Yes, defrosting a turkey inside the fridge takes days, but in a cooler it should defrost overnight. For defrosting in a cooler, leave the turkey in its wrappings. Fill the cooler with enough cool water to cover the meat, put in the turkey, and close the lid. Now you can leave your turkey in the cooler to thaw. The water in the cooler will remain icy cold for quite a while depending on the quality of your cooler and the temperature of the room the cooler in left in.
Here’s what the experts from Butterball.com say:
The easiest stuffing is also the most traditional-tasting. Of course, there are hundreds of variations on the stuffing theme, and you can get inventive once you get the basics.
Buy enough packaged stuffing for the size of the turkey you are preparing. Tom turkeys have larger rib cavities than hens. Get herbed stuffing, not simply breadcrumbs that you have to season yourself. You will want to add chopped yellow onion, chopped celery, and walnut pieces, if you desire. Follow the directions on the package, but go for chicken broth instead of water, and REAL butter.
Dressing the Turkey
Clean your kitchen sink thoroughly with dish soap and rinse well. Place the turkey in the sink and unwrap. The legs will probably be braced under a plastic contraption. If the legs are kind of frozen, they won’t move. Run warm water over them, or float the turkey in cool water for a time, until you can manage to disengage them. If the neck, gizzard, and liver (wrapped in paper) are frozen in place inside the rib cavity, run warm water on them until they can be removed.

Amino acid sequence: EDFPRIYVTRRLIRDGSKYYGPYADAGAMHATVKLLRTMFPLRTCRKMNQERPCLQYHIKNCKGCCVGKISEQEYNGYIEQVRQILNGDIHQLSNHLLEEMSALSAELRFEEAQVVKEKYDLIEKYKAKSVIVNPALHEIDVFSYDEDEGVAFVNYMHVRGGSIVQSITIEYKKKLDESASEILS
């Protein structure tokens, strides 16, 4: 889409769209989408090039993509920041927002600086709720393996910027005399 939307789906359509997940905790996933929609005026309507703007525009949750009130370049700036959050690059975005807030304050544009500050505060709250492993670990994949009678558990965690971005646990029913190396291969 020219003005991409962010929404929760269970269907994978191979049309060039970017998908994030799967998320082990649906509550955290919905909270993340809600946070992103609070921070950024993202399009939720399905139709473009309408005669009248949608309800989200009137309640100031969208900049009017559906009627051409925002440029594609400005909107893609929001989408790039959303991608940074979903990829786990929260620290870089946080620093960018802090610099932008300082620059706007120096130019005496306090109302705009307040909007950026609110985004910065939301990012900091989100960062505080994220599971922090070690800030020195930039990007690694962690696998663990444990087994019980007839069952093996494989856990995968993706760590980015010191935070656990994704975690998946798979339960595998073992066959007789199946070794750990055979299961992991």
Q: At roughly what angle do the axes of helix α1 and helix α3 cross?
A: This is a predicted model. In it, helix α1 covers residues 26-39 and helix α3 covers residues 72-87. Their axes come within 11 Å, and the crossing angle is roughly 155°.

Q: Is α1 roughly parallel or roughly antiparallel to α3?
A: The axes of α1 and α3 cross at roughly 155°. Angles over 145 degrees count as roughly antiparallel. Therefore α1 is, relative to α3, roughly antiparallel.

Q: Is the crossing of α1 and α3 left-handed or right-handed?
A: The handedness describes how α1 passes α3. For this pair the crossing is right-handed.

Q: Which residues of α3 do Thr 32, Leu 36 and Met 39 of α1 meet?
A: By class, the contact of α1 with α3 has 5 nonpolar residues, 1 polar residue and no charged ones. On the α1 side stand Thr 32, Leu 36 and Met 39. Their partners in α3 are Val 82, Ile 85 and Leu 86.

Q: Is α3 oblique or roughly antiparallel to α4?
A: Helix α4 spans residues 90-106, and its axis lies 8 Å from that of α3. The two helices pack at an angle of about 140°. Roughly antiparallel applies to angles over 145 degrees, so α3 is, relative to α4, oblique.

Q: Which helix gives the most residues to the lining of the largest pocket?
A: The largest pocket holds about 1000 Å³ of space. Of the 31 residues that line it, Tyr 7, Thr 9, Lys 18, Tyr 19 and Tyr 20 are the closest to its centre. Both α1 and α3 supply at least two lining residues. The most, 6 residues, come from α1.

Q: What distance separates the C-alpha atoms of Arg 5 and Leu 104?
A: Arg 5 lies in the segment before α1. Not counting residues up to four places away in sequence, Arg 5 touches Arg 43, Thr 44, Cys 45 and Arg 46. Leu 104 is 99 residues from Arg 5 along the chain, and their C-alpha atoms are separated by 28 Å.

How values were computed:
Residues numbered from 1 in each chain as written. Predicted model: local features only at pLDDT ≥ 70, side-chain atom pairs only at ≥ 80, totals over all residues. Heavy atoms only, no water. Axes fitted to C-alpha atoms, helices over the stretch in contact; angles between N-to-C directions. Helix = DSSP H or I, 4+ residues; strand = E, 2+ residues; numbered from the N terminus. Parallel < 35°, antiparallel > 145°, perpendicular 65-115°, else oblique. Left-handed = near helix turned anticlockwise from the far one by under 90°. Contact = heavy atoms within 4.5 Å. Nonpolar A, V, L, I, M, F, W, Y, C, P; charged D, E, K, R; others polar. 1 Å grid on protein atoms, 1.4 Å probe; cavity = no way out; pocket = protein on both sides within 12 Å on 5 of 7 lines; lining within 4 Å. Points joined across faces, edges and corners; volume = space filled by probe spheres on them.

Simmer the neck, gizzard, and liver in a medium pot of water on the stove for 45 minutes, then use the broth for gravy.
Make sure the turkey is rinsed and clean. Put some salt in your hand and rub it onto the walls of the rib cavity and on the other end of the turkey where there is a flap of skin, rub salt inside that cavity.
With a large spoon, spoon prepared stuffing into the rib cavity. They say to do this loosely, but I’ve always used a bit of force to get more in and have never suffered for making this choice. Manipulate the legs back into the plastic leg-holders, then cover the stuffing peeking out between them with a square of aluminum foil. Turn the turkey over and around to stuff the other end.
Yeah, this side I stuff beyond the recommended “loosely.” Stuffing tastes so much better when it’s cooked inside a bird, and this is your last chance. If you really push the stuffing in, the skin will split during roasting, but the sun will still rise tomorrow. Use your big spoon to drop in stuffing, then fold the skin flap over and fasten it in place.
This is when you’ll wish you had purchased that turkey preparation kit with the sharp thingies and laces. But never fear. Multiple tries with very strong toothpicks usually works, and I’ve even cleaned long building nails very, very well and used those. I still have friends (because they don’t know about this).
You can save the rest of the unused stuffing and bake it later in the oven. (It doesn’t taste near as good as the stuffing in the bird. Experts, please add your suggestions!)
Timing is Everything—Roasting the Turkey Faster than you Thought Possible
Really, I think we can all agree that timing your turkey roasting is an exercise in anxiety. Depending on your family traditions, dinner could be at noon, 2:00, or 5:00 p.m. And you will need hours to roast your turkey to perfection. This cooking method is the fastest, and presents a moist, yummy turkey.